Updated: Jun 14
“To love at all is to be vulnerable. Love anything, and your heart will certainly be wrung and possibly be broken. If you want to make sure of keeping it intact, you must give your heart to no one, not even to an animal.” ~ C.S. Lewis
I find this quote terribly interesting. At first glance, it seems C.S. Lewis is instructing us to refrain from loving -- for me, a literal impossibility. Upon closer inspection, I see that he doesn't say that at all, he simply says that if you do, you can count on it doing your heart some sort of damage. His next comment is not to give your heart to anyone, and I think therein lies the secret. In my estimation, he is drawing a distinction between loving and being attached -- between vulnerability and soul-sucking co-dependency.
There's a vast difference between giving of one's self, and relinquishing who you are to become wholly absorbed into another. Partnership, or friendship is the ebb and flow of sand and sea, one retreating while the other swells, and vice versa -- a rhythm, a balance. The sand never really leaves, even if erosion is apparent. It just moves locations, takes on an altered shape, and the sea changes course to move around it. Sometimes the change is tempestuous, sharp and difficult, and sometimes a slow wearing away, but both eventually result in a soft, smooth meeting of the two.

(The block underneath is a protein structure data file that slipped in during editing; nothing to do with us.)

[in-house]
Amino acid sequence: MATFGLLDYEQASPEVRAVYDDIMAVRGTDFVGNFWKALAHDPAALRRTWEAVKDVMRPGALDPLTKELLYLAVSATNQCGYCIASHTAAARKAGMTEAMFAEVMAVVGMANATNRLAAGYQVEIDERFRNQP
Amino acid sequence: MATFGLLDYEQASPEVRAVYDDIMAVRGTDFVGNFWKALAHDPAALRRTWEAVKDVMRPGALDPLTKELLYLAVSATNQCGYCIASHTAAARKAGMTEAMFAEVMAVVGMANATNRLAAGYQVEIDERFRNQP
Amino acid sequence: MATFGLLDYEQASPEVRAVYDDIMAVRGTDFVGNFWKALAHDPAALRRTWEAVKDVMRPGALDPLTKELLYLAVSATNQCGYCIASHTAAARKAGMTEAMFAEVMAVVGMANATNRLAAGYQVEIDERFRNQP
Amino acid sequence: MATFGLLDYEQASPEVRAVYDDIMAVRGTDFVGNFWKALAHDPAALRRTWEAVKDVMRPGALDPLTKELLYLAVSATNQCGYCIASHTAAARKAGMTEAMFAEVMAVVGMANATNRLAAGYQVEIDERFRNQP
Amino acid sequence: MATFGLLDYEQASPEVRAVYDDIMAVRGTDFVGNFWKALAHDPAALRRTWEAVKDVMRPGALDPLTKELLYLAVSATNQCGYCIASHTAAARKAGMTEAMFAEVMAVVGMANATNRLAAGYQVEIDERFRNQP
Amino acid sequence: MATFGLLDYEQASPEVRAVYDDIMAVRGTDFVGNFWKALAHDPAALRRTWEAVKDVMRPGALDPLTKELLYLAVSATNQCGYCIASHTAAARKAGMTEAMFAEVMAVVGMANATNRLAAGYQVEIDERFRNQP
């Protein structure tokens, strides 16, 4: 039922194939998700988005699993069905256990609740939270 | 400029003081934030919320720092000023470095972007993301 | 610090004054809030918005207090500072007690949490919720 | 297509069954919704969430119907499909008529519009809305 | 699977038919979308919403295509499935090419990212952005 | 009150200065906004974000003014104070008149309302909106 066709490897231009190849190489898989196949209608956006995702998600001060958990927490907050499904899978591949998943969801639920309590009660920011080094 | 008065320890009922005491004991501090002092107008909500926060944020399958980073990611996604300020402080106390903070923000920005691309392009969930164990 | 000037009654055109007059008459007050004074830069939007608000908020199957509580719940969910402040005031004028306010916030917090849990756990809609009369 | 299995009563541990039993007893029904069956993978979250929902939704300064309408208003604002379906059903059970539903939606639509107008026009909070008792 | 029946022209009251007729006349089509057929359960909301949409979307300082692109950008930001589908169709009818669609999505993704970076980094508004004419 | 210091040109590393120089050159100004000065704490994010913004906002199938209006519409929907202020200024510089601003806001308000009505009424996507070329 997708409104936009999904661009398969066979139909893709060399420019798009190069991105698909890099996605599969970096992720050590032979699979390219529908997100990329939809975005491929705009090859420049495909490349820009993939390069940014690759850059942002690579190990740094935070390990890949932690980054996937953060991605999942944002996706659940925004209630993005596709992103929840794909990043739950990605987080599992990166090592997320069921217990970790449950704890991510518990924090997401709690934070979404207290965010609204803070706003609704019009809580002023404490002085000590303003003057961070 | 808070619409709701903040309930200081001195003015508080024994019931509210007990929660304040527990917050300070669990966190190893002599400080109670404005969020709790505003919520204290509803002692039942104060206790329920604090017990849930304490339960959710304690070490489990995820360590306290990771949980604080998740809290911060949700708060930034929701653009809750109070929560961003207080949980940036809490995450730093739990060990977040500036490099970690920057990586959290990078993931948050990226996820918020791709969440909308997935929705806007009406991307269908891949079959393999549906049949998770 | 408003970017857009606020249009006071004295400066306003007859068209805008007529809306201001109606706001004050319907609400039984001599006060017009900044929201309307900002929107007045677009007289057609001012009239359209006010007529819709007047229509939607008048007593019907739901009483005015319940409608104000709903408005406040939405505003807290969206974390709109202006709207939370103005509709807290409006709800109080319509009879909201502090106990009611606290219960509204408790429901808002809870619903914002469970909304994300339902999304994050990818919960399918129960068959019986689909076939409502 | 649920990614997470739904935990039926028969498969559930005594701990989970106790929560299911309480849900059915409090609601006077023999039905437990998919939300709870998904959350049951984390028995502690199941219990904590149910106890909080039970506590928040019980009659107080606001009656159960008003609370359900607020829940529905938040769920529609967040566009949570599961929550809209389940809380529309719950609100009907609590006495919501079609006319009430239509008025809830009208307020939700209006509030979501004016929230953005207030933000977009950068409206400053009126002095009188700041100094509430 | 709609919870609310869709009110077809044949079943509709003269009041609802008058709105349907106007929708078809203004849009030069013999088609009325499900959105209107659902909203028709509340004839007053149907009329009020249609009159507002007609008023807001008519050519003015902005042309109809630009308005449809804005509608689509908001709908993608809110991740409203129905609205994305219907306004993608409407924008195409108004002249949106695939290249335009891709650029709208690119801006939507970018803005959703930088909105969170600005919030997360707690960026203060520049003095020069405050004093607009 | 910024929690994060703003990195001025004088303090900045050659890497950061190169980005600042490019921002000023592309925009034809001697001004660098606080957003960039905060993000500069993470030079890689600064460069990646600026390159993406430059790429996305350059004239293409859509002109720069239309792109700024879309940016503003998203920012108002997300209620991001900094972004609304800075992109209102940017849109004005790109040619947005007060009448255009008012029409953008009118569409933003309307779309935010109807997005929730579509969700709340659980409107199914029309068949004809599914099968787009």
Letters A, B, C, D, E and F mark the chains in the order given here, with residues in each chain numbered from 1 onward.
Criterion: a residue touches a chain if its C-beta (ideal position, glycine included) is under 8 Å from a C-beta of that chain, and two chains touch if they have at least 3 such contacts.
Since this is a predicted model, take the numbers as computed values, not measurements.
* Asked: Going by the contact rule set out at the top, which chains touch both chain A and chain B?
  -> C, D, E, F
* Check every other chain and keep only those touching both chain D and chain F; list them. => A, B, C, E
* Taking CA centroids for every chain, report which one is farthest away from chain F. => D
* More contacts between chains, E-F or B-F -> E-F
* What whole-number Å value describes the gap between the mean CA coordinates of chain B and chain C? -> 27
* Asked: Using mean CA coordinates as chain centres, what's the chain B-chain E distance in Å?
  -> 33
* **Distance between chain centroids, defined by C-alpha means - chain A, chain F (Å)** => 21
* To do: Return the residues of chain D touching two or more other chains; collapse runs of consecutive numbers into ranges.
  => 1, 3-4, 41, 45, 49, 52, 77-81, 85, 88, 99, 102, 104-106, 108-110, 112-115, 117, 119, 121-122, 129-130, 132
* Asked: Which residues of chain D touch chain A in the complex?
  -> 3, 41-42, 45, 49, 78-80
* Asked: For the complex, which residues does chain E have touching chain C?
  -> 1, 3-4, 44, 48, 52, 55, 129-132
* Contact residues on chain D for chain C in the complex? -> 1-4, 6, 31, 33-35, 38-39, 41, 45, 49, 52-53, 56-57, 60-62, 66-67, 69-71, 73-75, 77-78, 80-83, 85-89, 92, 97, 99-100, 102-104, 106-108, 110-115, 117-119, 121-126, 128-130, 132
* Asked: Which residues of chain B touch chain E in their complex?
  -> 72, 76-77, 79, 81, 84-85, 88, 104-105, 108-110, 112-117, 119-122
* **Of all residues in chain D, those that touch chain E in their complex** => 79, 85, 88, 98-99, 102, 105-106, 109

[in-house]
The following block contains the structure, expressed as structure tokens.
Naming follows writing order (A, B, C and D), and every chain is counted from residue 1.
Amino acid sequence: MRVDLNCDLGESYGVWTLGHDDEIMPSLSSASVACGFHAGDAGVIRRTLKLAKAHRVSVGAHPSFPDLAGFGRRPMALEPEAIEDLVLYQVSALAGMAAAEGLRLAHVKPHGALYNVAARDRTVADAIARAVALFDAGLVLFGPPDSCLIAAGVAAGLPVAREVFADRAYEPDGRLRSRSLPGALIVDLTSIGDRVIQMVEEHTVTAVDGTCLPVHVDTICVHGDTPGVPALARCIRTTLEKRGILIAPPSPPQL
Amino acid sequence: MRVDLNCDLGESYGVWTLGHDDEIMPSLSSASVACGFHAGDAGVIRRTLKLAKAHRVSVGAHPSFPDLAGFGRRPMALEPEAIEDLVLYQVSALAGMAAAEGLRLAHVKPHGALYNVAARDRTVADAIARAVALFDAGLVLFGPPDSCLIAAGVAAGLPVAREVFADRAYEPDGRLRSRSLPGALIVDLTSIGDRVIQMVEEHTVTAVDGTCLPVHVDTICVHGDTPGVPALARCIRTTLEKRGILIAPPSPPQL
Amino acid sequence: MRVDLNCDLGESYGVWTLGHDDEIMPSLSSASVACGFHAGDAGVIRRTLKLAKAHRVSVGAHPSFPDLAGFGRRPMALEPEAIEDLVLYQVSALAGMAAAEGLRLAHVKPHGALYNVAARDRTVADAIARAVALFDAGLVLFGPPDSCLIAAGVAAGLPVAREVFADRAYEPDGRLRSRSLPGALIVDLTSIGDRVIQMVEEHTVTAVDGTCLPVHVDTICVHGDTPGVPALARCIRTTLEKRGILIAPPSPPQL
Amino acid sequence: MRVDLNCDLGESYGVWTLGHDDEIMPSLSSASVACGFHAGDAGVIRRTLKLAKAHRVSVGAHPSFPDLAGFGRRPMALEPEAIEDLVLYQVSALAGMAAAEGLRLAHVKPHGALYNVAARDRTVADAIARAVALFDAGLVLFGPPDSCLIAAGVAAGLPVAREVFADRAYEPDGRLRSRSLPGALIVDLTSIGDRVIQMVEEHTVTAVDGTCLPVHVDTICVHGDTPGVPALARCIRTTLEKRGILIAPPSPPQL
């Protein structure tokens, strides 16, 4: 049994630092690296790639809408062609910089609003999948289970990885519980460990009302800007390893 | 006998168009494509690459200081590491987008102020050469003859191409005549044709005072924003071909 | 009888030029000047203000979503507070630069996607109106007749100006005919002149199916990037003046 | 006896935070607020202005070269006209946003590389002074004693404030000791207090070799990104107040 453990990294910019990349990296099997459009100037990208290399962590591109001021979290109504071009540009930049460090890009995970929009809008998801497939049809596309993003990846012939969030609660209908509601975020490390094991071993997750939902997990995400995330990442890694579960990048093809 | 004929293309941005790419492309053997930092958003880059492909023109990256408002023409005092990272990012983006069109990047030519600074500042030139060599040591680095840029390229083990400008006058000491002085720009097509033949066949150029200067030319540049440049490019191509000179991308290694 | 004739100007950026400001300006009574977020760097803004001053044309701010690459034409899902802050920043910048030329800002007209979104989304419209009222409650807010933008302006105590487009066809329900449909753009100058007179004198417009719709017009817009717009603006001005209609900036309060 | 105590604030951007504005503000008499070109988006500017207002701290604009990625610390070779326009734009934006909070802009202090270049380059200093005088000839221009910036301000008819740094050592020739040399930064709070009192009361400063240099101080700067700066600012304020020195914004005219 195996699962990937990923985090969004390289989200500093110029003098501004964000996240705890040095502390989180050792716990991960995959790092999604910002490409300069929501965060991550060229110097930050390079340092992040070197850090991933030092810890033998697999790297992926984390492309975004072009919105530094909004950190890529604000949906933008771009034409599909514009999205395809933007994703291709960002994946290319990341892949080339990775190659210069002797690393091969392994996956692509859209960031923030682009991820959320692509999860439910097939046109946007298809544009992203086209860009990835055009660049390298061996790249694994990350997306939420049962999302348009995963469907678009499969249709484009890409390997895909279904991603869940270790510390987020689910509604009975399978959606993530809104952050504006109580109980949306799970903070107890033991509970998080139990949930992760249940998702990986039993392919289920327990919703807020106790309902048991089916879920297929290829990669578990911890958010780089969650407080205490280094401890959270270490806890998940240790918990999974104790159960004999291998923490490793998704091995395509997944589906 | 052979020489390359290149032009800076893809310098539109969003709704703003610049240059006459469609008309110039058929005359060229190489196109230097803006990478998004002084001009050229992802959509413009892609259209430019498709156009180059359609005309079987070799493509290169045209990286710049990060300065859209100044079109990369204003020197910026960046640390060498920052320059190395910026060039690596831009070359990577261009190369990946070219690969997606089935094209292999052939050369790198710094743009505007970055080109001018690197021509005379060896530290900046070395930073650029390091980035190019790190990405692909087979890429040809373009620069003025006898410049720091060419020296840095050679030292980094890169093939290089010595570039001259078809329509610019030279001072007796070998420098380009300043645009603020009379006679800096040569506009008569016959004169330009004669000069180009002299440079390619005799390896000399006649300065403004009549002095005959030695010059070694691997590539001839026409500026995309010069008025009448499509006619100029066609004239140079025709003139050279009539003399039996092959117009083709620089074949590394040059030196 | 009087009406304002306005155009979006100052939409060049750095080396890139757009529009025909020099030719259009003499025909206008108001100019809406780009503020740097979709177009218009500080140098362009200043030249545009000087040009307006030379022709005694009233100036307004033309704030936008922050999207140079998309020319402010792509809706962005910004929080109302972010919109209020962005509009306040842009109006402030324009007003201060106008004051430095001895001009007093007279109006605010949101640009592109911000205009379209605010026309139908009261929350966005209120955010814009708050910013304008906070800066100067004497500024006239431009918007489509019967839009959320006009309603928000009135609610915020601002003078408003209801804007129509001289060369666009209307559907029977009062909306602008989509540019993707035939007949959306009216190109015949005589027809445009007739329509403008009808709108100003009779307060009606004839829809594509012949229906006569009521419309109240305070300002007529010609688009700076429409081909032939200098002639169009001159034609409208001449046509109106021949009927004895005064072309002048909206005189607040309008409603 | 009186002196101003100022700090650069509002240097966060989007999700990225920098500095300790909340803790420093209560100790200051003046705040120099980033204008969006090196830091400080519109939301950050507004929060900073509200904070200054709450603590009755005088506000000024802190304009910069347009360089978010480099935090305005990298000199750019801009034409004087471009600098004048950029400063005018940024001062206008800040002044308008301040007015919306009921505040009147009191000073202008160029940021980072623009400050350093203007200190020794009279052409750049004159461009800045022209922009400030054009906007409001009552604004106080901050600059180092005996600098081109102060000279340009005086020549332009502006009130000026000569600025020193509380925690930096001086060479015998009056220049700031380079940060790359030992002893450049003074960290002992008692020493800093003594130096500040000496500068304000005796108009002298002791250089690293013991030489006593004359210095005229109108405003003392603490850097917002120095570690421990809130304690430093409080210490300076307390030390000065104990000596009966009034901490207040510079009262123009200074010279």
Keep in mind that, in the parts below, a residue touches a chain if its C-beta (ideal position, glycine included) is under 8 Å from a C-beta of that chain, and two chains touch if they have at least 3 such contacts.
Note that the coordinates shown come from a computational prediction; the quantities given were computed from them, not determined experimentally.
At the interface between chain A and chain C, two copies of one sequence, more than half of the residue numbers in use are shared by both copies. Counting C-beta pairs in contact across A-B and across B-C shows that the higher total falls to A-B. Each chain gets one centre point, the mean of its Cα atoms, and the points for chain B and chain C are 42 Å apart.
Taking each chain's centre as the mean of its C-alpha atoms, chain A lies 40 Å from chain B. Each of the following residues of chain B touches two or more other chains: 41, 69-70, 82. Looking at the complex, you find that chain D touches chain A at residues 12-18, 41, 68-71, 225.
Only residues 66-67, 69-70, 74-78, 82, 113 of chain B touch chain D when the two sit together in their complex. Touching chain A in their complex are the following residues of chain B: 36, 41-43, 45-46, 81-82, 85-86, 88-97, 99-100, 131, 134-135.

It is a mistake to think, as relationships of any kind develop, that in order to be strong they should be like cement, the load-bearing walls of all the other stresses of our lives. Perhaps instead, we should focus on their strength being in their flexibility, in their ability to move, adapt and adjust. Yet, how many of us make this exact mistake? How many of us pile up expectations of one another to create an insurmountable wall that even the most adept climber cannot scale? Worse yet, how many of us fasten these expectations to an unhealthy attachment, such that when things do start to shift and move, ebb and flow, our lack of flexibility causes us to become brittle and shatter?
The technical side of heartbreak
When you purchase a computer, a tablet, or a phone, you are generally aware of its fragility. It must be packaged and moved with care. It is sensitive to light and heat, to magnetism, to moisture, and to damage done by hackers. It requires virus protection and firewalls -- a military grade case to cushion the blow if you drop it.
When you send an email, or post a status online, you don't give the recipient your device. You use it as a tool to convey that which you are actually trying to give. As a matter of fact, most of us are extremely hesitant to hand another person our phone, even for a moment. We feel a deep-seated need to protect it. After all, it is vulnerable to so many forms of potential damage.
Does this frailty mean we stop using our phones or computers? Lock them in a safe where they can remain untouched and therefore impregnable? Of course not.
And if our device gets hacked, do we throw it away? No! We do whatever it takes to fix the issue and make it safe once more.
So is it with the heart.
Safety is not inherent in the device, just like it is not inherent in the heart itself. Safety is created by the owner. Firewalls must be added. Anti-virus software must be purchased and installed. Personal boundaries must be established and discussed. Expectations too. Responsibility must be taken for the health and well-being of one's own heart. Work must be done.